Thursday, November 23, 2006
Howard Rheingold just blogged about Justin Hall's presentation at the University of South California's Annenenberg centre.
"Justin has fun online, works online, studies and loves and plays online -- and on his phone and his Playstation. Why can't the whole thing be a game -- a social game and a knowledge game? While he goes about his day's surfing, blogging, chatting, tagging, gaming, posting, uploading, downloading, Justin wants to experience the same visible sense of goal-oriented progress he gets in World of Warcraft when he looks at his screens and sees exactly what level his activities have earned him."
He also mocked up a screenshot using Jaiku, which I am using here to illustrate this post.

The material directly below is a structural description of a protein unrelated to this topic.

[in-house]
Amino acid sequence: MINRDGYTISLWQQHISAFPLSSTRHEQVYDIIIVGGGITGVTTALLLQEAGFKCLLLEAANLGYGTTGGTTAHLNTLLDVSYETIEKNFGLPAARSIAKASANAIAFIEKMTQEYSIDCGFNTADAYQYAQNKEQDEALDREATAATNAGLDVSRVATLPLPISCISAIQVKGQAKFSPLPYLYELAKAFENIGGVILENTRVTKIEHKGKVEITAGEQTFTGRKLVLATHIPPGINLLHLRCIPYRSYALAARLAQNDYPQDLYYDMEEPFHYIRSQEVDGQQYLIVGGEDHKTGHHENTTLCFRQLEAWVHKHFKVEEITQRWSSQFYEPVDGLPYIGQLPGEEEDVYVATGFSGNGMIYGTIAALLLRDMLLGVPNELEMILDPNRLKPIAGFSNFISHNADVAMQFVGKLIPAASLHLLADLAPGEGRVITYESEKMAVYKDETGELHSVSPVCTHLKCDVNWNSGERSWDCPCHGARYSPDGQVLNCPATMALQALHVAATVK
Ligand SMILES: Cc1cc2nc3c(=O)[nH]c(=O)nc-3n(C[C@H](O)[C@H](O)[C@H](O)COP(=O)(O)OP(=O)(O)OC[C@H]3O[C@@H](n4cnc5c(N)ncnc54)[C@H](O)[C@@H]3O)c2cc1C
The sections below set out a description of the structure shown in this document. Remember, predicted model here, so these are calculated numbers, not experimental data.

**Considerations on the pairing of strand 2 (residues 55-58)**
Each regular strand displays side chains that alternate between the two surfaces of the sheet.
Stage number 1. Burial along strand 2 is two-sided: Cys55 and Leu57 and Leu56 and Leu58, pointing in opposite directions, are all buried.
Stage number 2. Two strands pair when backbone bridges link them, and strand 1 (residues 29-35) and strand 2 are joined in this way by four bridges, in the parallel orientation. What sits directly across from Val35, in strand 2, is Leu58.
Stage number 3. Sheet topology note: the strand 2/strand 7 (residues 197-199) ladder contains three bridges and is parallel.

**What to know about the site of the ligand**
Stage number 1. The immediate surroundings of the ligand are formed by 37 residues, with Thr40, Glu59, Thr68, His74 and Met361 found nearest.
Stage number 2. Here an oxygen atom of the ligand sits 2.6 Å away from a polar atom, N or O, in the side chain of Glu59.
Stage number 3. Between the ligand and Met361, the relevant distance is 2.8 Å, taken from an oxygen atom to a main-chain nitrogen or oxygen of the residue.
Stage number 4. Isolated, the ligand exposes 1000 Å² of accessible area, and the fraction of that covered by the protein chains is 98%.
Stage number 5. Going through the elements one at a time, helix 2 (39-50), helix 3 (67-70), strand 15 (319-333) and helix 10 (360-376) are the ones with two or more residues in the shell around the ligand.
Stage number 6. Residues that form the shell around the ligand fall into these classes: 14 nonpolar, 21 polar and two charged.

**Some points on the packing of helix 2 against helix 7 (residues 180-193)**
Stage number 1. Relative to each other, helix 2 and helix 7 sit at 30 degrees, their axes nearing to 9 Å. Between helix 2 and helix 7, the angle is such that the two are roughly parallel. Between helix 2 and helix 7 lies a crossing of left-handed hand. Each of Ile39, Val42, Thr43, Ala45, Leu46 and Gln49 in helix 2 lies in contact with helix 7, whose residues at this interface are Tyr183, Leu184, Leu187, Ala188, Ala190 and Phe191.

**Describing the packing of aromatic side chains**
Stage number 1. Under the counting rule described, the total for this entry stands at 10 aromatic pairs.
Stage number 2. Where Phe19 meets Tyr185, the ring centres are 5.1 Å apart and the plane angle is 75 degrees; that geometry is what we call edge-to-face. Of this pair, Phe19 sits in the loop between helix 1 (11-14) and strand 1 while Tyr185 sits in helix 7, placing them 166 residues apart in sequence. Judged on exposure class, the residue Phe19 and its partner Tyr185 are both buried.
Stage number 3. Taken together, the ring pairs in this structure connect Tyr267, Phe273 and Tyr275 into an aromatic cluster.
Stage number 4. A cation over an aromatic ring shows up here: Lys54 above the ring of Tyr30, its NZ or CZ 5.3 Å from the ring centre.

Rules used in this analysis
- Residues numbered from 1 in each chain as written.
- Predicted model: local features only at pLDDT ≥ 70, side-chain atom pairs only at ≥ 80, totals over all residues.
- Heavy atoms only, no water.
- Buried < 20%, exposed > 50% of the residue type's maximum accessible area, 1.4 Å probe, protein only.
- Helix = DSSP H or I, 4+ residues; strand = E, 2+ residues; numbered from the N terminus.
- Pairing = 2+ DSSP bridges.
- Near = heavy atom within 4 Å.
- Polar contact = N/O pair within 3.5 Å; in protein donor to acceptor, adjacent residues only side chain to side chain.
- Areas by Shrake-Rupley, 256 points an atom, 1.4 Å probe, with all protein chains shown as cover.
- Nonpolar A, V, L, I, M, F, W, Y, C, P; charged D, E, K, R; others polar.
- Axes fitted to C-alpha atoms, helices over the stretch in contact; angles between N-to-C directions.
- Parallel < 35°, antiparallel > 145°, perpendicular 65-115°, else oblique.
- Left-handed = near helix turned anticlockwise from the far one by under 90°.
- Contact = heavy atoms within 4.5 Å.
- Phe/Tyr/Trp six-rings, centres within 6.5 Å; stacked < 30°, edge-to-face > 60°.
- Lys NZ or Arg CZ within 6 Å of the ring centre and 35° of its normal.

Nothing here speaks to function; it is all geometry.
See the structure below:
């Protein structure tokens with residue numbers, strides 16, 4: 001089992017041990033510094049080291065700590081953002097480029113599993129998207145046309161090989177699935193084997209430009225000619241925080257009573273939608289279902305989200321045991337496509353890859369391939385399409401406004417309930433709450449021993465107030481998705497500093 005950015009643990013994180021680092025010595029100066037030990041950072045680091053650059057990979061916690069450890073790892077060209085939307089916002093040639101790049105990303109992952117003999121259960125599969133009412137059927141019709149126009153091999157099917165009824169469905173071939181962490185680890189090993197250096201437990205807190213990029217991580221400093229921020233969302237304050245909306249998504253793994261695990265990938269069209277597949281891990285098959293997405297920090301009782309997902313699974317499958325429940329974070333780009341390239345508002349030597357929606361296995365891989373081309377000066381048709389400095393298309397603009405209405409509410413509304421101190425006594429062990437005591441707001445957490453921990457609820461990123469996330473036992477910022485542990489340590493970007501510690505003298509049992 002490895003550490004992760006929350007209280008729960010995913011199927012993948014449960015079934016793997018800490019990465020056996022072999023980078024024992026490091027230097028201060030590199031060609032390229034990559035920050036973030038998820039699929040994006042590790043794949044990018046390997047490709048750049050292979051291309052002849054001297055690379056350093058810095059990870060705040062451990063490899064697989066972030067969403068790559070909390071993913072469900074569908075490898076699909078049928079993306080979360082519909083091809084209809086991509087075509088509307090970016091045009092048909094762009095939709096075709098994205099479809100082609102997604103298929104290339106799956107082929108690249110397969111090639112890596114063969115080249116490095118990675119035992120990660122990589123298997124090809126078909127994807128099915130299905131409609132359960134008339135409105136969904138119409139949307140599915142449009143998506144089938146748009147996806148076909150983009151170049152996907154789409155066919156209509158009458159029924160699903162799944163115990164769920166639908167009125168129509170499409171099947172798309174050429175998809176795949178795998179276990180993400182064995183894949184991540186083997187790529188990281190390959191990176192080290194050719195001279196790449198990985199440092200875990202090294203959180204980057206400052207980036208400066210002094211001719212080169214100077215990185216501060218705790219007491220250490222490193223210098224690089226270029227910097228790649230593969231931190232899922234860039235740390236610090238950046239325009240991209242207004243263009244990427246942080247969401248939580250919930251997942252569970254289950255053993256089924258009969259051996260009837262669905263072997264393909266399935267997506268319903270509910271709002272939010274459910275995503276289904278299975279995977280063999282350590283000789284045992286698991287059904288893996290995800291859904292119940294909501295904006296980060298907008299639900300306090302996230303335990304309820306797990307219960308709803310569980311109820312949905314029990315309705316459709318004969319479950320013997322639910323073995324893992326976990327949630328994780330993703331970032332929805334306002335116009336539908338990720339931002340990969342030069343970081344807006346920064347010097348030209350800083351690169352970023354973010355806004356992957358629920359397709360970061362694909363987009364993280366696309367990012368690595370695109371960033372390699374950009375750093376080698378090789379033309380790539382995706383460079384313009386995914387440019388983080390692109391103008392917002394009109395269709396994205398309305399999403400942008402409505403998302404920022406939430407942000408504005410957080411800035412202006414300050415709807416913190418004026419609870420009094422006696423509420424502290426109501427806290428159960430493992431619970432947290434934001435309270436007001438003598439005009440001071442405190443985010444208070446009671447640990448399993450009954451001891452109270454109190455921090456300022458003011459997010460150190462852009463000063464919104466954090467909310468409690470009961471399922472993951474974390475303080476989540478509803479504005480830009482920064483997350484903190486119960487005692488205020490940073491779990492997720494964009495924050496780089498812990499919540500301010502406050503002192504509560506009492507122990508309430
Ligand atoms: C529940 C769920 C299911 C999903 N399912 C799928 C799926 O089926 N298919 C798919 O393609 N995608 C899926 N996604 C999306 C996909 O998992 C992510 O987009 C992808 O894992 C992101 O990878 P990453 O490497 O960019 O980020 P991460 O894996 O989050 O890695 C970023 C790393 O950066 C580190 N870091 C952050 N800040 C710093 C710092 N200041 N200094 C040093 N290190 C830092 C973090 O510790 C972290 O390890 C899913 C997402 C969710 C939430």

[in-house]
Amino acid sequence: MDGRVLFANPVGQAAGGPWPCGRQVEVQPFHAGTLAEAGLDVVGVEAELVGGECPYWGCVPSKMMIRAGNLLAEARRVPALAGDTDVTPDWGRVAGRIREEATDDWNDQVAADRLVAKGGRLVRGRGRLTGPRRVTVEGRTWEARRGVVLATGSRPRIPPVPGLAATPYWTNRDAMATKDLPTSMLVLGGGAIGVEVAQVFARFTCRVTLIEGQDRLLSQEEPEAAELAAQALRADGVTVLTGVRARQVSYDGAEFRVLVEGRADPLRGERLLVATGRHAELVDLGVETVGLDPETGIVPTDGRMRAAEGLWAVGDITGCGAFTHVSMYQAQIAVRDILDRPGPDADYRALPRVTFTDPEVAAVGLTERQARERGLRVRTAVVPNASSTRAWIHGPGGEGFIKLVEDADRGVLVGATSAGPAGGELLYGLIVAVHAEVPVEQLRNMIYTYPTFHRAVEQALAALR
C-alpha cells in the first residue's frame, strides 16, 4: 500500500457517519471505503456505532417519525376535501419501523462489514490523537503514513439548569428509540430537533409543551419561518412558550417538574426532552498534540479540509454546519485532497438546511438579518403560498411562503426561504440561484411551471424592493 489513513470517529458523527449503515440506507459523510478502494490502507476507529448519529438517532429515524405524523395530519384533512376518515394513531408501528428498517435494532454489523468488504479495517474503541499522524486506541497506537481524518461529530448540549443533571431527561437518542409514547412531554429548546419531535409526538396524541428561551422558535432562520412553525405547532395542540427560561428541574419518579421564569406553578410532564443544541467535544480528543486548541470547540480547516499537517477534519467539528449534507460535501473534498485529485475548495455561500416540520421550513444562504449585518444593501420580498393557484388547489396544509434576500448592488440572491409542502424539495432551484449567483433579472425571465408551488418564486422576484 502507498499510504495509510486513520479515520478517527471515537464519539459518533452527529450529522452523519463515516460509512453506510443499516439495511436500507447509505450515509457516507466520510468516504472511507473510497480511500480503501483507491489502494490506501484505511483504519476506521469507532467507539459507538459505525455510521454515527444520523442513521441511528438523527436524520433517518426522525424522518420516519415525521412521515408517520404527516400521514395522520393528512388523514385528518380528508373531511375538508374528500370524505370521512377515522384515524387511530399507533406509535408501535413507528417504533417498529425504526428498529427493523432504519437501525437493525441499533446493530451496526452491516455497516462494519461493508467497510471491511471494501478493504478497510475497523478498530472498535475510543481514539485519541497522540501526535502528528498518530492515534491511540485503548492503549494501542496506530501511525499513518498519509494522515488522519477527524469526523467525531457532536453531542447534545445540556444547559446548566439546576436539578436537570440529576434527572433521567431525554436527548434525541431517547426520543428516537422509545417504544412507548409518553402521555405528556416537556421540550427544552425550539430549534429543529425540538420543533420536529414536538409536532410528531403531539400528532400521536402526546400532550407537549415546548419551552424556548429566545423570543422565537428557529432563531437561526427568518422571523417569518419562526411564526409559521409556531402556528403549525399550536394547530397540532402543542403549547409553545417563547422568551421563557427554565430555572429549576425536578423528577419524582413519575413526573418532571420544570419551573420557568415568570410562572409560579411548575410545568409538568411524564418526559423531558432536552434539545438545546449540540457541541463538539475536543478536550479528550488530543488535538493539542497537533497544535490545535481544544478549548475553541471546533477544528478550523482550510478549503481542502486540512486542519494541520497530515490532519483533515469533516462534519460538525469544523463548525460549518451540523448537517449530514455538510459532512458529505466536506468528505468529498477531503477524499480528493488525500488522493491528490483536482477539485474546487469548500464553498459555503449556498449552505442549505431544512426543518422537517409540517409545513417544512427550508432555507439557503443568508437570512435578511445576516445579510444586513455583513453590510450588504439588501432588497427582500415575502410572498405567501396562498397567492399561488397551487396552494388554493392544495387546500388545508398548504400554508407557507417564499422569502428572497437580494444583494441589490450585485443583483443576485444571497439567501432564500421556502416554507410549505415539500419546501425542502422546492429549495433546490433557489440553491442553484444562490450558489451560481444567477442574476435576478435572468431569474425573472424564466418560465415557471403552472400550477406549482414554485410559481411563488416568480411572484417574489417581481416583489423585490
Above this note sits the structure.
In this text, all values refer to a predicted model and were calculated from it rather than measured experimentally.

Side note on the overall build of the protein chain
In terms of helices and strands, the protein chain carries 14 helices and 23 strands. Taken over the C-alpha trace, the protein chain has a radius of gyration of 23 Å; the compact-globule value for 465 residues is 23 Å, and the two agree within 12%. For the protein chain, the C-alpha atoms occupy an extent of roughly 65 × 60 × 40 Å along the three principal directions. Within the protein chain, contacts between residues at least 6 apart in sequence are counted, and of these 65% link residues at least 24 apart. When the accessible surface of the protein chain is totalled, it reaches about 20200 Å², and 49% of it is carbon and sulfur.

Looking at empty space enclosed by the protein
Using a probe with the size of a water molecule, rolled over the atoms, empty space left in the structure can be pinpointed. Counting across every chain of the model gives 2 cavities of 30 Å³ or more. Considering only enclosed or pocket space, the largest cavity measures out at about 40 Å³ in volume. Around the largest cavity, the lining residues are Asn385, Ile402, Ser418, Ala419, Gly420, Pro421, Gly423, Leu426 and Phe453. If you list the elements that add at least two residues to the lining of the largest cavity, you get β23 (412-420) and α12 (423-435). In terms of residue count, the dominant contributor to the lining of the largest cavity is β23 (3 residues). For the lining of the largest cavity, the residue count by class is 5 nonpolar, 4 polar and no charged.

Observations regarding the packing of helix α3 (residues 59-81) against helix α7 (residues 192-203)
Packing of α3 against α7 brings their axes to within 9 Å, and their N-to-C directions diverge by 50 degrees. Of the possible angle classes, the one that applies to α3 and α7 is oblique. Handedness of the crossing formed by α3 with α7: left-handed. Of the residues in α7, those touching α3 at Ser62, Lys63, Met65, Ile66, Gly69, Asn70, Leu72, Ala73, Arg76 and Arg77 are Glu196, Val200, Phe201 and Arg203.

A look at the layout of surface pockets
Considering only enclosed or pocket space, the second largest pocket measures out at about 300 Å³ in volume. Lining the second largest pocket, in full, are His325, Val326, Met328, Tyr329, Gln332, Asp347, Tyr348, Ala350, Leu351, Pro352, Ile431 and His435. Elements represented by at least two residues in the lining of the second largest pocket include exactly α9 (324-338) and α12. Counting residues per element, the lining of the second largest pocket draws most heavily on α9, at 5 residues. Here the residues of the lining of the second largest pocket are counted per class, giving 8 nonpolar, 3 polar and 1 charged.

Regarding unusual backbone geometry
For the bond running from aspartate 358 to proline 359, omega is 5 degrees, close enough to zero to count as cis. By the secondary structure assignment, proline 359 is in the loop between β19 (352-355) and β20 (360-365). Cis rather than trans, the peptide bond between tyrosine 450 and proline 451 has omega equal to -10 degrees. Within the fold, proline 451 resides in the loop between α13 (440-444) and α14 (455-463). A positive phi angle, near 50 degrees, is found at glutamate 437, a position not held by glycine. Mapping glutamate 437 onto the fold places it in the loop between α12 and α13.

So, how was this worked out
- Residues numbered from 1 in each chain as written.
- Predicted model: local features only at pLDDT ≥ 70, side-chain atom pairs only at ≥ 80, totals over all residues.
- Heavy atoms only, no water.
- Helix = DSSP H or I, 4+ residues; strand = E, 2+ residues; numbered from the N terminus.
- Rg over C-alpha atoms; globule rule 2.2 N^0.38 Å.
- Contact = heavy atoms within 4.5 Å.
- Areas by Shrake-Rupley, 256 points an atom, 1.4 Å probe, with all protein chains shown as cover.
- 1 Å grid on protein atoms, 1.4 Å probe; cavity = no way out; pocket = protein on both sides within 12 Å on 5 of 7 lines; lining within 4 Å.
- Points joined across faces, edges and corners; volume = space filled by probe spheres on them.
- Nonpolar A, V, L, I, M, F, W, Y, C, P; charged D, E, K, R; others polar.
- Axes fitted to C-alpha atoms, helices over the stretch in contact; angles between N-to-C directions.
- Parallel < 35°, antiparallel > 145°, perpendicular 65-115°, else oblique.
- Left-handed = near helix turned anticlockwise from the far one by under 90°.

He also posted a link to a video (Quicktime) in which Justin explains the concept.
This kind of concept would also be great for learning environments, allowing users to understand how much progress they have made in different areas of their work. It's easy to see how it could be added to an LMS system such as Moodle for instance. Only problem is, it's inherently quantitative (i.e. will measure time and/or number of contacts, posts, etc) but would be unable to deal with qualitative aspects.